What about the Fishers? Exploring the Politics of Transnational Movements

PhD student

Elyse Mills

Date
Thursday 6 May 2021, 13:00 - 14:00
Room
Zoom
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In this Research in Progress Seminar, Elyse Mills gives an overview of her PhD research exploring the politics of transnational fishers' movements and their role in global fisheries politics.

She focuses particularly on the World Forum of Fisher Peoples (WFFP) and the World Forum of Fish Harvesters and Fish Workers (WFF), two transnational movements that have been engaging in international political processes and spaces since the mid-1990s.

She proposes exploring the politics of these movements through three interconnected spheres:

  • fishers movements (transnational alliances) engaging with global fisheries politics
  • fisheries issues (topics of concern) that movements highlight
  • political processes (spaces of interaction) where movements participate

 Her research demonstrates that the study of fishers movements can:

  1. Broaden the scope of food politics beyond land and agriculture, implicating fishers, fisheries resources (fish and shellfish) and territories (areas where fishing activities occur) in food system transformations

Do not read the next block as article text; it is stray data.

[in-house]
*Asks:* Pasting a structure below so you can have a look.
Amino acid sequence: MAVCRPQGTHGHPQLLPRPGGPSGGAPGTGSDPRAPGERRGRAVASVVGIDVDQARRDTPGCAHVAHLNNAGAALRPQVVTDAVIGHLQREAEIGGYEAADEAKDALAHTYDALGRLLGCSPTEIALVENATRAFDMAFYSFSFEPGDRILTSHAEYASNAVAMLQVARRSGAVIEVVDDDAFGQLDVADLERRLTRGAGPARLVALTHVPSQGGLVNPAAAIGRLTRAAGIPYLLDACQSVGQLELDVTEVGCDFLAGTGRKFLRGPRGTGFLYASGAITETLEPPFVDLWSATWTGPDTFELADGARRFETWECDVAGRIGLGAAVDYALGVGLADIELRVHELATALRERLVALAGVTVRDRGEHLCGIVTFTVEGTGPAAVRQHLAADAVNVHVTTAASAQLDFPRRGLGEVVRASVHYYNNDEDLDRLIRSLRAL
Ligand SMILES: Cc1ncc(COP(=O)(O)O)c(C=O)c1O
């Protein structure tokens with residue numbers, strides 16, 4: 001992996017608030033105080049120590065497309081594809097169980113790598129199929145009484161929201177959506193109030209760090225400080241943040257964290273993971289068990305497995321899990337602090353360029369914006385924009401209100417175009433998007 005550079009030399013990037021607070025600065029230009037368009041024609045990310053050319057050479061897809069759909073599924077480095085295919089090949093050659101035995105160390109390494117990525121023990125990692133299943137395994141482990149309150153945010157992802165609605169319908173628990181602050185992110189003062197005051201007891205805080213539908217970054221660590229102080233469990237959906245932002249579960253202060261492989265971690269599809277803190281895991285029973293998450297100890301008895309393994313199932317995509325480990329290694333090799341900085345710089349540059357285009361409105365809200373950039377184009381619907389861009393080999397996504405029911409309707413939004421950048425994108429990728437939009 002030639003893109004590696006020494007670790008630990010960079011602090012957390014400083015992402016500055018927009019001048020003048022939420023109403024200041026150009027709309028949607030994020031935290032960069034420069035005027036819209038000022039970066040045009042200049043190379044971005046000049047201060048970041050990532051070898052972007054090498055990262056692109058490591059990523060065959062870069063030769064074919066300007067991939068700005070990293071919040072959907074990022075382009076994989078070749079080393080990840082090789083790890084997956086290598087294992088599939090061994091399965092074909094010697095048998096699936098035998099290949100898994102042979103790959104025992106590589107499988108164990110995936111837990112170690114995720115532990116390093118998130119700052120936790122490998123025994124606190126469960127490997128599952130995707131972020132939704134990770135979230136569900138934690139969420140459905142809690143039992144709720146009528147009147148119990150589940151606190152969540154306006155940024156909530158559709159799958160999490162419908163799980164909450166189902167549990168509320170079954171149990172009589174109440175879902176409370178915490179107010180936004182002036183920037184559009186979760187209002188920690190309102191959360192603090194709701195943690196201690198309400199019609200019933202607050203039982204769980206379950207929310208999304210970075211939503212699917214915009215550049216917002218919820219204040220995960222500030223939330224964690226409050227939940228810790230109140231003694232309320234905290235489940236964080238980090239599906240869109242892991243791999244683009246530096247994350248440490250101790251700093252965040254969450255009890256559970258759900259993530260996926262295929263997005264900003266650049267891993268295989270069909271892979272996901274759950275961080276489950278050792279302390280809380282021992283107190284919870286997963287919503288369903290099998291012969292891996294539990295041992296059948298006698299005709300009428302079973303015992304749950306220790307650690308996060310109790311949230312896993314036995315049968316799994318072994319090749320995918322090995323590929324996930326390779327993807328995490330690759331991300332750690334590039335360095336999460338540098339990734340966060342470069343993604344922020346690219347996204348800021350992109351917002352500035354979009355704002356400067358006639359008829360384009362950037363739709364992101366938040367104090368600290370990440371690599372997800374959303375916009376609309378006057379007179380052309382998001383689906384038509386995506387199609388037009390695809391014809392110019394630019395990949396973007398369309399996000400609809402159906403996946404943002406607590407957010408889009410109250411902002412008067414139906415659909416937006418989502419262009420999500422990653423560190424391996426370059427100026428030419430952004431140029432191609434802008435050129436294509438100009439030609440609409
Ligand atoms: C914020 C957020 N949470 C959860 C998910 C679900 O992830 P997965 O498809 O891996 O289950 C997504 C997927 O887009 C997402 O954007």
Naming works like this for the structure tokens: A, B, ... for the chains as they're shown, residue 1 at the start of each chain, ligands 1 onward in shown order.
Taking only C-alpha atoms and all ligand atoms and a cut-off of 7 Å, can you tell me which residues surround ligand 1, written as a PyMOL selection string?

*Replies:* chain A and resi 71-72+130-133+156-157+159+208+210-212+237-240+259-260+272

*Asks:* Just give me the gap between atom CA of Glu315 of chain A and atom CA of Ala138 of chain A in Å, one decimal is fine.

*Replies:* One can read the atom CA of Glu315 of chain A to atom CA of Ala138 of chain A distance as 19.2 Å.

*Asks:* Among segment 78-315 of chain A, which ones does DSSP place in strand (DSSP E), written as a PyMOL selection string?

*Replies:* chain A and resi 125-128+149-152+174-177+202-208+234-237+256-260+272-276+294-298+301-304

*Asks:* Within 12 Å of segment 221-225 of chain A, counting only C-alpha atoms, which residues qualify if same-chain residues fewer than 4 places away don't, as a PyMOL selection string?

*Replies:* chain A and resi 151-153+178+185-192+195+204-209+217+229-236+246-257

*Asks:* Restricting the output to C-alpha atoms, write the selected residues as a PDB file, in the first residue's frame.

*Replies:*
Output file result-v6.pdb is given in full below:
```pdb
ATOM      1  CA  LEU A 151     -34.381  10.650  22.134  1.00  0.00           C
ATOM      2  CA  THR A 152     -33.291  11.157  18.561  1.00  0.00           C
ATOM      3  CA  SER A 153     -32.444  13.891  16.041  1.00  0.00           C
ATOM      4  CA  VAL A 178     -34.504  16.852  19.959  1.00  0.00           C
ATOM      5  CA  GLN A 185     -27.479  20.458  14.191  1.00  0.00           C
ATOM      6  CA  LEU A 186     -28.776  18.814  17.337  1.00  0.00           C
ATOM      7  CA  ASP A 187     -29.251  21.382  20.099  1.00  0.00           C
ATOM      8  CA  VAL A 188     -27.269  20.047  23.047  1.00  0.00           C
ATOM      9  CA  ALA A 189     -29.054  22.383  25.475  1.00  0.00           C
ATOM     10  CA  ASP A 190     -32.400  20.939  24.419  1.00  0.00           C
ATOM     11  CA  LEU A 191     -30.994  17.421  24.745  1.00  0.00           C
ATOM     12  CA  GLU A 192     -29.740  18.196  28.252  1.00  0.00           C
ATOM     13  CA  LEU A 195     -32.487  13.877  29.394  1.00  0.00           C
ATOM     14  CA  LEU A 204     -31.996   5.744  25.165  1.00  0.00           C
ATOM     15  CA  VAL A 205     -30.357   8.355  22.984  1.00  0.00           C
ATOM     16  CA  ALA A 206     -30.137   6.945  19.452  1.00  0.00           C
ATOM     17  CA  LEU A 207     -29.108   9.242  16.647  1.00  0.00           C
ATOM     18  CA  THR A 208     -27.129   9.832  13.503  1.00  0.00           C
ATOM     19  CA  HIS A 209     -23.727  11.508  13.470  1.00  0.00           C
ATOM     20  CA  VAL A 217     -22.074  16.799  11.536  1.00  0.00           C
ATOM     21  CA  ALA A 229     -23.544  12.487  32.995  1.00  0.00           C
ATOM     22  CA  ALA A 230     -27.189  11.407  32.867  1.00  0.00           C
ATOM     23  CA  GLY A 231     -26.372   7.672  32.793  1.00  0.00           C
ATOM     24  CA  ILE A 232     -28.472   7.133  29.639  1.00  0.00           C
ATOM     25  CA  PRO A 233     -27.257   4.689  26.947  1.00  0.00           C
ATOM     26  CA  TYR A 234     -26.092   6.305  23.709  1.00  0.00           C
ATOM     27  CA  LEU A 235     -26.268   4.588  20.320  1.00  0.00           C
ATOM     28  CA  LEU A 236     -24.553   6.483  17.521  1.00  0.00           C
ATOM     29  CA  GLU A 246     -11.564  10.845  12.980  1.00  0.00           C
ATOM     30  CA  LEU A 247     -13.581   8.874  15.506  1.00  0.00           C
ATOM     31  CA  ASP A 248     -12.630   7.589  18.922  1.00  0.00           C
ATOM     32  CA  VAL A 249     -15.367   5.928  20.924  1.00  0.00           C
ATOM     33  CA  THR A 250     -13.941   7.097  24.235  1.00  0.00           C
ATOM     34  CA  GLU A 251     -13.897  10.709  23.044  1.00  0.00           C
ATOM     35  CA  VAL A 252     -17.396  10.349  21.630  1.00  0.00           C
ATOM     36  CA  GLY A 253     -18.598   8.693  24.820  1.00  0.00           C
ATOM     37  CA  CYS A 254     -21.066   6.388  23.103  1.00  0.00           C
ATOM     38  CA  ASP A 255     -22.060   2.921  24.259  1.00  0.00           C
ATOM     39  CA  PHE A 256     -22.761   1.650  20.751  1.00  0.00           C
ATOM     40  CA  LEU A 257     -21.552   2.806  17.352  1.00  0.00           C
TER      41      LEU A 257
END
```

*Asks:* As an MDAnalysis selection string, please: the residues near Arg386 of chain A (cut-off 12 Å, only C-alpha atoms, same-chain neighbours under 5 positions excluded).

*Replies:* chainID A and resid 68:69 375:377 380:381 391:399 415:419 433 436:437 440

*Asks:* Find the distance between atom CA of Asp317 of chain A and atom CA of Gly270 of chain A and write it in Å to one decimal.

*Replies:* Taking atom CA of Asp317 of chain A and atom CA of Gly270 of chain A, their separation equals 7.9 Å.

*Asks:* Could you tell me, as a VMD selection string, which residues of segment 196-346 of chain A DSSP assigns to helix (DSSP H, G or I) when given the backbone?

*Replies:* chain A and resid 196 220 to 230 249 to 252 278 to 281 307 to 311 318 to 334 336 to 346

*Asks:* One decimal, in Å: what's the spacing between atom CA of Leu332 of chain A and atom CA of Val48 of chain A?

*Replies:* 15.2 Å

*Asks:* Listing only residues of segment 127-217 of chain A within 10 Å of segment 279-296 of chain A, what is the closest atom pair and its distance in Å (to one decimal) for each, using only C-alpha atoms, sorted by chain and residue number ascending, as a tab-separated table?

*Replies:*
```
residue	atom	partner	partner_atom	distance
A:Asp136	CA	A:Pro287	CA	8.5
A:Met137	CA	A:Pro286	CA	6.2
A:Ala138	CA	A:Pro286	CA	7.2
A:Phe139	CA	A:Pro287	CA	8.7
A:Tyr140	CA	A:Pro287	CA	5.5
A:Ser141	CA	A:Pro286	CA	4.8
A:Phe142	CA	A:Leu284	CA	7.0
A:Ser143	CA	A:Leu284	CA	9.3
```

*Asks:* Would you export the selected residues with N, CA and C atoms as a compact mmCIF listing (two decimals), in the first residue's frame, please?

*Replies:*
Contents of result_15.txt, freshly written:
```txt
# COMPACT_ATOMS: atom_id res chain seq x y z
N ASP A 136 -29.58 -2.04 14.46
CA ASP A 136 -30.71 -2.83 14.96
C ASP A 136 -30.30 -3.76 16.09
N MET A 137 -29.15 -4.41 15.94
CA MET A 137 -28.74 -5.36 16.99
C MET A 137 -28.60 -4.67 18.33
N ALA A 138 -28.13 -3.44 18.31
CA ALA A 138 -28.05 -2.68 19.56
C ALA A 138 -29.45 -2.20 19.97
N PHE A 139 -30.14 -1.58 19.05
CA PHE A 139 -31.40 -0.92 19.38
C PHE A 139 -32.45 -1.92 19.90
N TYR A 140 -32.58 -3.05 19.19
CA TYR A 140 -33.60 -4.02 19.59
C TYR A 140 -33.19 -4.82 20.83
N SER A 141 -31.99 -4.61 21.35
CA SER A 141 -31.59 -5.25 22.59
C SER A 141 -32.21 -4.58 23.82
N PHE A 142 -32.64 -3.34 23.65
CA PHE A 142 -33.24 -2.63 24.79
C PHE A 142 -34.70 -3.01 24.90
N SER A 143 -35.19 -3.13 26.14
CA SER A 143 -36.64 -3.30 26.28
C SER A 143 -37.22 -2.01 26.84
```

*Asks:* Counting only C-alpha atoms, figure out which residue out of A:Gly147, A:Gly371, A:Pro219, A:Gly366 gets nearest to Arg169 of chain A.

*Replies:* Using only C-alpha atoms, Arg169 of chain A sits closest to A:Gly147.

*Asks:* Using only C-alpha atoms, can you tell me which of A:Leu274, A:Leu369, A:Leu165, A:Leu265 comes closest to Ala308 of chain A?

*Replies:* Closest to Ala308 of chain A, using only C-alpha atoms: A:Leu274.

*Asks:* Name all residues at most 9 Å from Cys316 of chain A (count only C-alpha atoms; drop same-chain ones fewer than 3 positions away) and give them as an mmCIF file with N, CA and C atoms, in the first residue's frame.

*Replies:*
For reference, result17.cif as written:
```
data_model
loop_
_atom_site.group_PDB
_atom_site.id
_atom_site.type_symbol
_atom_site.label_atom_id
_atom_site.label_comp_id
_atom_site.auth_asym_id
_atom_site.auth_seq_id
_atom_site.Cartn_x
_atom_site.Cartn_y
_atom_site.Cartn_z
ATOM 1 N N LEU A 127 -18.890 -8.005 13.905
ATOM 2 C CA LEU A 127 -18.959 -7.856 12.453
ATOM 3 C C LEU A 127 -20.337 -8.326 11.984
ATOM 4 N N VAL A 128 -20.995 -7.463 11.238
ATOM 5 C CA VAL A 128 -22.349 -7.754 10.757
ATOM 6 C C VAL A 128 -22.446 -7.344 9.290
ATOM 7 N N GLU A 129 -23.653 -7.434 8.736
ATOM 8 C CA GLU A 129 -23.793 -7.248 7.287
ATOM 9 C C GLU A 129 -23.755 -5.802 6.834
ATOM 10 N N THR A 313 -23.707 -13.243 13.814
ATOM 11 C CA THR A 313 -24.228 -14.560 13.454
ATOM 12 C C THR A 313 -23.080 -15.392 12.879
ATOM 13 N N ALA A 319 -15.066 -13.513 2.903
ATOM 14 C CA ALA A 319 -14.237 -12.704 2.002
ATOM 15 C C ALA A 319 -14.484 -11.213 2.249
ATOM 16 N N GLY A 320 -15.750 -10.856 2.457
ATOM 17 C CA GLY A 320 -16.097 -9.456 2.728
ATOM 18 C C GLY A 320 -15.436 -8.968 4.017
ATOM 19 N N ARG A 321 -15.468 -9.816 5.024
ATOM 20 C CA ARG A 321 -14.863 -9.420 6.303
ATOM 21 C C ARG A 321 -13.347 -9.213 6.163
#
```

2. Extend debates around climate politics through analysis of the impacts of mitigation and adaptation initiatives on fishers and fisheries
  3. Strengthen research and understandings of fisheries politics through the integration of knowledge, insights and alternatives from fishers and their movements.

She argues that there have been three distinct, yet overlapping historical waves of development in global fisheries, including the industrialization wave (post-1950), the privatization wave (post-1980), and the conservation wave (post-2000). In combination, these three waves have contributed to overlapping processes of exclusion in the fisheries sector, which exclude small-scale fishers from accessing fishing territories and resources.

Overlapping processes of exclusion have also contributed to different strategies of resistance and forms of mobilization within transnational fishers movements. These strategies and forms have shaped fishers movements and their capacity to build productive alliances, raise the profile of fisheries issues, and provide a critical voice in political processes. Their diverse strategies also illuminate how mobilization within fishers movements has not been historically static, but has shifted in visibility and cohesion depending on the particular historical moment and global political and economic contexts.

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The Research in Progress seminars are intended to provide an informal venue for presentations of ongoing research by ISS scholars and other scholars from the wider development studies community.